One of my personality traits that drives people crazy is that I am never satisfied with anything. If I create something like a website, I might like the end result, but after a couple of days I will look at it, hate its look and destroy everything.
Let’s just say there were many incarnations on my website, and many Lego models were unceremoniously smashed to smithereens.
But since I use my WordPress website as a business tool, this amount of disruption can actually hurt my bottom line. Customers will be disconnected with permanent work-in-progress marks, and it looks unprofessional if text and images move across the screen in real time.
This is why you need to make all changes to your local WordPress installation before anything starts.
What is a local WordPress installation?
Local installation is when you install software – in this case WordPress – on your computer, rather than on an active server. Then you can install themes, plugins, and work with the code, while keeping your actual site the same for everyone.
Then, when you have what you think you need, you can upload the entire new site to your server. Or, if the changes are minor – like a new theme – you can simply copy on the live server what you just did in the local installation.
Usually installing WordPress on your computer can be a daunting task with MySQL, Apache databases, and then installing and connecting WordPress. But a website called ServerPress has a cross-platform software called DesktopServer that turns the whole process into a surprisingly simple click-click-click.
The free edition is limited, while the $ 100 paid edition has a few more bells and whistles. Before we proceed, I must point out that uploading local installations to the production server will require payment of the paid version.
You can see the feature differences between the two versions here. But for tinkering with and testing new plugins and themes, the free version is more than enough.
The first step is to go here, scroll down to the very bottom and hit the blue download button for the version you want.
Now install the software as usual. This will take a while, so don’t be discouraged.
When it finishes, start it. Then it will ask you to restart the software with administrator rights. Let’s do it.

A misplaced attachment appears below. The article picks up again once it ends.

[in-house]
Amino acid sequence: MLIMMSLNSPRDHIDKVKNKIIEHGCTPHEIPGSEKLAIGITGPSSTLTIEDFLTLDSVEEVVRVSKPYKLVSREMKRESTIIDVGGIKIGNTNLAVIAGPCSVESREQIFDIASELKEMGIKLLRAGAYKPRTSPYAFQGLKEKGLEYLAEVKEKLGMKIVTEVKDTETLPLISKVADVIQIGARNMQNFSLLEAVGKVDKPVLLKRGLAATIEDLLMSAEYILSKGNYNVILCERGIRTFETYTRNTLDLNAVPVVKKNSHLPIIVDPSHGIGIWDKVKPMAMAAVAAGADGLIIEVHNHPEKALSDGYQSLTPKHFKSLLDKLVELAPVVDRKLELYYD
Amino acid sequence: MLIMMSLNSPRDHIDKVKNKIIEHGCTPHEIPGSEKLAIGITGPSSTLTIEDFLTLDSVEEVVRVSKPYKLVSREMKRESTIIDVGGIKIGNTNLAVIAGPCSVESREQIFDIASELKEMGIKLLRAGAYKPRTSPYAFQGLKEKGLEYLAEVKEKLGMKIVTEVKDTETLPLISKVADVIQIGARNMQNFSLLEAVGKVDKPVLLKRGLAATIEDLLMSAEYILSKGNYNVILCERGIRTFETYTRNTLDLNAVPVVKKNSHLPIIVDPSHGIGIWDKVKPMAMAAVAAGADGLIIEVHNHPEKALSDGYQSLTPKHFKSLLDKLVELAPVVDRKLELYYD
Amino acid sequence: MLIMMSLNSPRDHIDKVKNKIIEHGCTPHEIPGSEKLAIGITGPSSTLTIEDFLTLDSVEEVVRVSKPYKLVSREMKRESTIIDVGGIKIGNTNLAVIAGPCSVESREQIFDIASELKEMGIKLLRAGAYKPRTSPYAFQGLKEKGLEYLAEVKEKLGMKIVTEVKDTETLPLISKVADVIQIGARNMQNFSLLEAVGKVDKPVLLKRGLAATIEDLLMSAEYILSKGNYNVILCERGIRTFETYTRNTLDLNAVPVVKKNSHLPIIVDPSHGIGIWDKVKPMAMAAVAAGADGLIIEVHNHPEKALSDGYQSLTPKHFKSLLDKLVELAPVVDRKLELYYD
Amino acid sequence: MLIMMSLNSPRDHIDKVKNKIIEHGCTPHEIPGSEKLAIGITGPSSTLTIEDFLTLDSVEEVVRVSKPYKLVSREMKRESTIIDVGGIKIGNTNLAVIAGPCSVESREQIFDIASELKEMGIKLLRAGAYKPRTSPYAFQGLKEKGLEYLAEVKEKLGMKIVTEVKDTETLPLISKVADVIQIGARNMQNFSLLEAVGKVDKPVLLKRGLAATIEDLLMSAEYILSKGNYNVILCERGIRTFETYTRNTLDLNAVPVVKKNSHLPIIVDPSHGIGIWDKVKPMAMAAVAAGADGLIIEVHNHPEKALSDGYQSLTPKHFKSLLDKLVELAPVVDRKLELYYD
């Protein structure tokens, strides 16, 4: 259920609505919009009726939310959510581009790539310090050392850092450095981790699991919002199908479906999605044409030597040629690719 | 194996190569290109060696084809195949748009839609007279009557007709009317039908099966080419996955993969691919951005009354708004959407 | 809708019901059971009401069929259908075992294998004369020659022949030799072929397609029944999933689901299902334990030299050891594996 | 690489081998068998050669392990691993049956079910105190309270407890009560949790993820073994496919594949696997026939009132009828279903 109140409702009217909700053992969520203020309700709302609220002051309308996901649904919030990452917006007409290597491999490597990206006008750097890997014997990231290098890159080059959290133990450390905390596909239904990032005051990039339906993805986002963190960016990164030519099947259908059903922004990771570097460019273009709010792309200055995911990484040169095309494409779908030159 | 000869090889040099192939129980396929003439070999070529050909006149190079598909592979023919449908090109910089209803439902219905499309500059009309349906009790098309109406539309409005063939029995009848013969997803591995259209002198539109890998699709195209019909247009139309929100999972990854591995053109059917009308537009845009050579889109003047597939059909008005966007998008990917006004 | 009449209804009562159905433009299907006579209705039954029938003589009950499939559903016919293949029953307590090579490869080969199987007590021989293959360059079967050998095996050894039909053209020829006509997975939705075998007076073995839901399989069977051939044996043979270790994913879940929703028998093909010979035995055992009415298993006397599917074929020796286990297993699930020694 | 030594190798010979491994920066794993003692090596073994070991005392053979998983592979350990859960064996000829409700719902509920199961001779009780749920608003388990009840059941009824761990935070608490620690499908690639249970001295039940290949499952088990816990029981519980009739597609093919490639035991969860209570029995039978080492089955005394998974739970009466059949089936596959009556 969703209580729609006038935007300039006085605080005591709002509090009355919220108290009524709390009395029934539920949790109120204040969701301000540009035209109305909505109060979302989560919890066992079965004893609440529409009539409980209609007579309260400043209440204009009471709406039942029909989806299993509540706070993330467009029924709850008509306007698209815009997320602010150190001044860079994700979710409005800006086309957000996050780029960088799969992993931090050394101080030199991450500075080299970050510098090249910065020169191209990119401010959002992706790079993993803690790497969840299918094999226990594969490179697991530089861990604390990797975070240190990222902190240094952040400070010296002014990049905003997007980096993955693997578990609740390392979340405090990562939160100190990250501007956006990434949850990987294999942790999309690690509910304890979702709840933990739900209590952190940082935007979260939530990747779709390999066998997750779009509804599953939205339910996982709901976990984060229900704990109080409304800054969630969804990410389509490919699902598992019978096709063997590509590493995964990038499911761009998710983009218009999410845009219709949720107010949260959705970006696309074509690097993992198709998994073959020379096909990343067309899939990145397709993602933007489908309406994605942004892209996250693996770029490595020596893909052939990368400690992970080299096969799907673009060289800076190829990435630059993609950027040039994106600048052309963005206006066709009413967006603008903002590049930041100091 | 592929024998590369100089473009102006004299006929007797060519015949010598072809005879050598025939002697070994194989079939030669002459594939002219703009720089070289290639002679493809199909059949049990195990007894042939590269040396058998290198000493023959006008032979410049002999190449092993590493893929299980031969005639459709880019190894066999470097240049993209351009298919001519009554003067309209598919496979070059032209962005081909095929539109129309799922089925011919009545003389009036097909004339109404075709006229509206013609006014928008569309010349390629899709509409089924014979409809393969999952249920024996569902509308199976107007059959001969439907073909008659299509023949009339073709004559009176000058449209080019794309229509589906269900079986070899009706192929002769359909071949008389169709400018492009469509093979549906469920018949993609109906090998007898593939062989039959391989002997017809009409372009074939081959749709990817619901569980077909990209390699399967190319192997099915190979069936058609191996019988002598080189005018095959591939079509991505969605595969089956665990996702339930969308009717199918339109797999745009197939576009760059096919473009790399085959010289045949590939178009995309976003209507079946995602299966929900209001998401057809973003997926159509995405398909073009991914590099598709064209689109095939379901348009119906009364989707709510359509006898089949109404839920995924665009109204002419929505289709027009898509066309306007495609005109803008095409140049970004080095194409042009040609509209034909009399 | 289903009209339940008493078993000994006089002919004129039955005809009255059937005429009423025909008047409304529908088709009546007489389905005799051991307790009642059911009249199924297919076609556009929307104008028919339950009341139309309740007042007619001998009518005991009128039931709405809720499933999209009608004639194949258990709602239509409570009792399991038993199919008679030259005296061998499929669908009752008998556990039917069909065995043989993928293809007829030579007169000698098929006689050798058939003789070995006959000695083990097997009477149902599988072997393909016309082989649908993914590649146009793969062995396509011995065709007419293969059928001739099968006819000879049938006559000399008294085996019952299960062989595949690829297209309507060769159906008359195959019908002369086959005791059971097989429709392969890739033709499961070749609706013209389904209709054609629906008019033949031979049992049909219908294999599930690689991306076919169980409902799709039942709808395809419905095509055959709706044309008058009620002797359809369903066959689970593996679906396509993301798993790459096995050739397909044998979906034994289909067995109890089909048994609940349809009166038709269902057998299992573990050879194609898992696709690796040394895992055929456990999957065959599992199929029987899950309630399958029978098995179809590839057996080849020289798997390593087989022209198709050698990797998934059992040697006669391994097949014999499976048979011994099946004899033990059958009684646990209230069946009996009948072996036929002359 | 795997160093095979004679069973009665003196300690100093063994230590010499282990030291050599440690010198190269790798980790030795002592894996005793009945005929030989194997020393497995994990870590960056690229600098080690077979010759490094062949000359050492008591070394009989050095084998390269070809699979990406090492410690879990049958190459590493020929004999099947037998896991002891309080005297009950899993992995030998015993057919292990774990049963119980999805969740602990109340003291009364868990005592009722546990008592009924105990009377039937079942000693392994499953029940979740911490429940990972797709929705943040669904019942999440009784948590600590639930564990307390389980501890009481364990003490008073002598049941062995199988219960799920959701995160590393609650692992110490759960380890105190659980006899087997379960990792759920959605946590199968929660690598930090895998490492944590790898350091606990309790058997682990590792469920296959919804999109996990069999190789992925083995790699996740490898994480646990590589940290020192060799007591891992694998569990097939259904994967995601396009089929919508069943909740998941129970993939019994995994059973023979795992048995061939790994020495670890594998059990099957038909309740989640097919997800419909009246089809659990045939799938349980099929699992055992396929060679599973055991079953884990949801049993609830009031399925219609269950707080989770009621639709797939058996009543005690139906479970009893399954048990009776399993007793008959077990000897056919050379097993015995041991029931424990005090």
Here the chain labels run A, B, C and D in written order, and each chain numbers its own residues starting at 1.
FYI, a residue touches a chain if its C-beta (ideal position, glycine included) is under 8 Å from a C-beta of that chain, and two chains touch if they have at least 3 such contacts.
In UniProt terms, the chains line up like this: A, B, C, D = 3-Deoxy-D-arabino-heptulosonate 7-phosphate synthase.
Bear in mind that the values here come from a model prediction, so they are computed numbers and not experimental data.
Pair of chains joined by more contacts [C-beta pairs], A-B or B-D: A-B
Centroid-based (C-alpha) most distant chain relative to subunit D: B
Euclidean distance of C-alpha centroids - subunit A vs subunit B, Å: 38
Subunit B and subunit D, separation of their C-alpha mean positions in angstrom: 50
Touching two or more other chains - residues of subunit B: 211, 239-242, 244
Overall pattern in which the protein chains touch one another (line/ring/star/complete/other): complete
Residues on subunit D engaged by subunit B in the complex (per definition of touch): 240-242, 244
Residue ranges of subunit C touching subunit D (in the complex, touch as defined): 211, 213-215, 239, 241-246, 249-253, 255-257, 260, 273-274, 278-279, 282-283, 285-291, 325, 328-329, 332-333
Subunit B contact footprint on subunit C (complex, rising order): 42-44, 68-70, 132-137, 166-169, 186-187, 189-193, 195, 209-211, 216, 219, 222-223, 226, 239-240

It will then inform you that Apache and MySQL are not running and need to be started. It will do it for you if you select an option and click Next.
Everything should be all right now. To create a new locally installed WordPress site, select Create New Development Site.
Enter the name of the test site you want, as well as the version of WordPress you want to install (the latter is obviously the best). Site Root is the location on your computer where the site will be installed.
Now click “Create” to create your test site.
I feel like I need to take a moment to explain the whole concept of the â€œdev.ccâ€ domain name because it sounds like your site will be online. This is not true. As shown in the screenshot above, having it on a web domain simply allows you to view your test site in a web browser.
But no one else can access it on another computer because the domain name is limited. Just visit markoneill.dev.cc in your browser and you will see for yourself.
So, after clicking the “Create” button, the necessary databases and files will be installed on your computer.
You will then be provided with a link to complete the installation. Click on this.
You will now be prompted for a site name, username, password, and email address. When you’re done, click “Install WordPress”.
And bingo lo and behold, this is your shiny new WordPress site on your computer.
As a fully functional WordPress website, you can import customizations from your live site like theme, plugins, code, and everything else. Then start customizing what you want without risking annoying anyone who might visit your site.